As a counselor, one of the most common questions I am asked is whether I think someone needs therapy. My response is usually that if they are asking, and willing to work, some counseling could help. Here are some indicators that you might need therapy:
If your circumstances or emotional state are impairing functioning so that you cannot work or complete school activities, or if behaviors are interfering with the functioning of others, then it is time to get help. Changes in sleep, eating, or level of functioning are often some of the first signals that it is time for therapy. If someone is too depressed to get out of bed in the morning, or too anxious to go to work or school, some therapy could help.
Regression in developmental tasks, loss of functioning, or deterioration of capacity are signals that help is needed. Kids who suddenly aren't toilet trained anymore, or older adults that stop cleaning their homes may be anxious or depressed and could benefit from therapy.
Sometimes you might just be overwhelmed, or find that it is getting harder to feel better on your own, or that you are unable to make progress when trying on your own. These are signals that it might be time for counseling. Everyone gets the blues from time to time, but when the blues won't go away and don't get better, that would be a good time for therapy.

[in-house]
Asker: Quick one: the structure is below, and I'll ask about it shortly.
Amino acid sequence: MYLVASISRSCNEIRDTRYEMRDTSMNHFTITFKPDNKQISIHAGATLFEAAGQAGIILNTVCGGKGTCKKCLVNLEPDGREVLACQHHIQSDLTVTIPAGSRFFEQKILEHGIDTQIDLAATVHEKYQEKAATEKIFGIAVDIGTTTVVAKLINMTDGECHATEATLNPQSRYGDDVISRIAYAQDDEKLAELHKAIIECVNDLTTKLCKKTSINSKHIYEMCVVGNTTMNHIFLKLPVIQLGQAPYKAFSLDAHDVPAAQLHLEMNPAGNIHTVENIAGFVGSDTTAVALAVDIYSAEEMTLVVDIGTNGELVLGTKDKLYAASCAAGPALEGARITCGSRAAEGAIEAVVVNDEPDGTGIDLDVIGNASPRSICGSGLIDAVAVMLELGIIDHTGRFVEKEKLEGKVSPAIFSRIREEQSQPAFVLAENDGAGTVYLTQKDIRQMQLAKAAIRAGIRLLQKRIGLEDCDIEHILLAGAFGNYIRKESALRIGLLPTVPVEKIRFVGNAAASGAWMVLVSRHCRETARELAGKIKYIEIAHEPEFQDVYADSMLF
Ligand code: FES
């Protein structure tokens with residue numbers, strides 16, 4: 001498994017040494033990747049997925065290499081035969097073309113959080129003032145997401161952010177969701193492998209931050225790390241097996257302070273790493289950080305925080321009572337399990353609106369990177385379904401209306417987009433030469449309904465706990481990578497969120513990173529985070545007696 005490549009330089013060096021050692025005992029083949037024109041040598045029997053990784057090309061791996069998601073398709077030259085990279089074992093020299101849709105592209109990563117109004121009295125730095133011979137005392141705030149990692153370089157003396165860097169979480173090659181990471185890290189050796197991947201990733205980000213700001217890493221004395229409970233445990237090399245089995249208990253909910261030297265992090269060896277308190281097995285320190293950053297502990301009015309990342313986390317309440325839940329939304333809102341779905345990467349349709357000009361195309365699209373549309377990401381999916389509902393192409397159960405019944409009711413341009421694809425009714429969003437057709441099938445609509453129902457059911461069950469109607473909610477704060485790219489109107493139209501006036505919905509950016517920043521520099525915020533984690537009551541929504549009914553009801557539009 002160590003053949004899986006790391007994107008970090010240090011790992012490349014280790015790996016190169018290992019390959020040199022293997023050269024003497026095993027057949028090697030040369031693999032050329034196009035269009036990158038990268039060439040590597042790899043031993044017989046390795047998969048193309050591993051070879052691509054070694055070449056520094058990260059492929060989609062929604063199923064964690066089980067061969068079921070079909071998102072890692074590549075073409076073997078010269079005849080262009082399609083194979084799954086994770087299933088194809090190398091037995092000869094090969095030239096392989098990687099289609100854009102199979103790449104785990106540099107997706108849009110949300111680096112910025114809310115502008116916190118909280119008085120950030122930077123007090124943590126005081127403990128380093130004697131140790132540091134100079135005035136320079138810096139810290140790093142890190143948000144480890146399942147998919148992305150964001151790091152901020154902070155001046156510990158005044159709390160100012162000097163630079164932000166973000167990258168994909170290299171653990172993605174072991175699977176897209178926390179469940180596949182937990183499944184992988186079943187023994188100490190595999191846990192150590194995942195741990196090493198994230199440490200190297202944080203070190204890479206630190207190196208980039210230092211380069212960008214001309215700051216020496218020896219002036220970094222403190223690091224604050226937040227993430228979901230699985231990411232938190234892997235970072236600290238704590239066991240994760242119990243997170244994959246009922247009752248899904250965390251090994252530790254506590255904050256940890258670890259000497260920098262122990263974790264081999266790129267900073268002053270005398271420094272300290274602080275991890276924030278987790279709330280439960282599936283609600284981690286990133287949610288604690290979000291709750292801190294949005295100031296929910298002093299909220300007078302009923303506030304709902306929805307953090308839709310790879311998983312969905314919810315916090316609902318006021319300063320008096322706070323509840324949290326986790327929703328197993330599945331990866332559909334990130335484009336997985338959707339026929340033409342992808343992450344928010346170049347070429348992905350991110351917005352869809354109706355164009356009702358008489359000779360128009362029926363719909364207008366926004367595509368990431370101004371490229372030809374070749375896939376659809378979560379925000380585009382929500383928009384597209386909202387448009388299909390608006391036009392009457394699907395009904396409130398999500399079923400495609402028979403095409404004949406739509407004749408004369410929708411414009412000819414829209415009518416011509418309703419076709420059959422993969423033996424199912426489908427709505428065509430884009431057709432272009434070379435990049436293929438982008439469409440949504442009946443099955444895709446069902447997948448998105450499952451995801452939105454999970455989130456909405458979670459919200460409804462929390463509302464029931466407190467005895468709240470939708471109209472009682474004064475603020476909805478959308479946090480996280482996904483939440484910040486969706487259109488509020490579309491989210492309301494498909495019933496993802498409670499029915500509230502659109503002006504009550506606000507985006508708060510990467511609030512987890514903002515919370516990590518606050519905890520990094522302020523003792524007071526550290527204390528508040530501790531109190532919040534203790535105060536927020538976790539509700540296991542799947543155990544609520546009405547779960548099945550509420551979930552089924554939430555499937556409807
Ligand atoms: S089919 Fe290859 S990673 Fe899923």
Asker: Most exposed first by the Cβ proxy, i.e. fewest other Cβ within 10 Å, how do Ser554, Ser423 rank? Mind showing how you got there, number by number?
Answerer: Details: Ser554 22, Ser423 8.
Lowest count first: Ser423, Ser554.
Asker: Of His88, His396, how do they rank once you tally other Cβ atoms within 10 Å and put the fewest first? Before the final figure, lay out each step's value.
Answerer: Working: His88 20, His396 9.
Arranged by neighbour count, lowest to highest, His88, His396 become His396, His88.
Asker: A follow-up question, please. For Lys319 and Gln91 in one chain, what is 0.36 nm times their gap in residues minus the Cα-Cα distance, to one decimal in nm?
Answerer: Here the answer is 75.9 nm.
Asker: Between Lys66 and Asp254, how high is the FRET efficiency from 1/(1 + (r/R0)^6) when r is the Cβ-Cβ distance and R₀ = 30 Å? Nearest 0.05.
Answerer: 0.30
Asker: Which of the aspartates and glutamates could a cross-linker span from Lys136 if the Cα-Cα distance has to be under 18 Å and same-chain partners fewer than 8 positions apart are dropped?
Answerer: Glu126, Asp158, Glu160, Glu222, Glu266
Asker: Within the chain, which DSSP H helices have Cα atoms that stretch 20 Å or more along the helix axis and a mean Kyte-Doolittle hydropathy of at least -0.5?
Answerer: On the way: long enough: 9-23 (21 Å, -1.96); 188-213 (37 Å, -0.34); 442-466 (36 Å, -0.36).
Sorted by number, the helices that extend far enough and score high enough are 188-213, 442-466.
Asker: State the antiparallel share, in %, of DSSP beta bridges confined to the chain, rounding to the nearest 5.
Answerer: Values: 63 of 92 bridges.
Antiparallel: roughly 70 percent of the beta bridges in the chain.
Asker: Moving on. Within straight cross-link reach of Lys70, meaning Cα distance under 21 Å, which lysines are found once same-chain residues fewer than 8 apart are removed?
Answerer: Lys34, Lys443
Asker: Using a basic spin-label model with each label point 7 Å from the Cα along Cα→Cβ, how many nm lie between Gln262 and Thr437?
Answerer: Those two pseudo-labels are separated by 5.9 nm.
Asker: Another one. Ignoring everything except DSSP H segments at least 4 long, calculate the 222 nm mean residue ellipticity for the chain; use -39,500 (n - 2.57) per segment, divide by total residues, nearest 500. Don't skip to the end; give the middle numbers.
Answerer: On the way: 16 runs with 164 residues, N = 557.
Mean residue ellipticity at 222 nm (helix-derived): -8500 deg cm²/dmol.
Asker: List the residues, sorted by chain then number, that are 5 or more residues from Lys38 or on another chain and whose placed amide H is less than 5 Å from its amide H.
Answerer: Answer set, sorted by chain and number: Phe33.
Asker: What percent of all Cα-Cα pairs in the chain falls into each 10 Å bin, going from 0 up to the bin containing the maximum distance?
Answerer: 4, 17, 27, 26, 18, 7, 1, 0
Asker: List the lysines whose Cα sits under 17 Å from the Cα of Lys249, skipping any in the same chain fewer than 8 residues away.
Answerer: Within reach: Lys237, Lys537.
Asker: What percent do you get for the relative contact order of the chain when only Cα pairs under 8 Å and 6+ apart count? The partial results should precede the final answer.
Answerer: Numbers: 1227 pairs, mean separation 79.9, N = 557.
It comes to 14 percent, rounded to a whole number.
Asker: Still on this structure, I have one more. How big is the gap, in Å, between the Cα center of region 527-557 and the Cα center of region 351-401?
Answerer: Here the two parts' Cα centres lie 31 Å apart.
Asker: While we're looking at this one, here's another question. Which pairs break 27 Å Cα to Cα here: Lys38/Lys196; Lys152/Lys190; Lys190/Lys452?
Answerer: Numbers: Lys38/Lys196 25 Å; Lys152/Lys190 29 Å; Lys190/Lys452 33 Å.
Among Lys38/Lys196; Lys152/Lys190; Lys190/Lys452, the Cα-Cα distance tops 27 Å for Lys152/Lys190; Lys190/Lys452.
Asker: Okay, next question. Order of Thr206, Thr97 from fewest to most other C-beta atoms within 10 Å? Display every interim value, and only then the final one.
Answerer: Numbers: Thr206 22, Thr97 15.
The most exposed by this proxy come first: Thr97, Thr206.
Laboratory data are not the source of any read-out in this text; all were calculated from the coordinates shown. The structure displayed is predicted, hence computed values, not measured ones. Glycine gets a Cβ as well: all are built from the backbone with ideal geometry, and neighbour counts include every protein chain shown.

Specific or vague
The cause for a need for counseling may be specific or vague. The death of a loved one, traumatic incidents, or major illnesses are all specific causes for which counseling could be beneficial. Other times symptoms may be more vague, but persistent enough to need professional help.
Sometimes you may just need someone to listen, or offer alternative suggestions, or have an outsider point of view. Sometimes you may just need to vent, or have someone help process big emotional responses. A counselor can help with these, and provide further help if needed.
A professional can help determine whether you need therapy or not, but you will only receive help for the amount of work you put into it. No one can force you to participate, and a therapist won't be there to help you practice new skills in everyday life. Therapy is most beneficial when you are honest with your counselor, actively participate in sessions, complete any assigned homework, and practice new skills outside of session.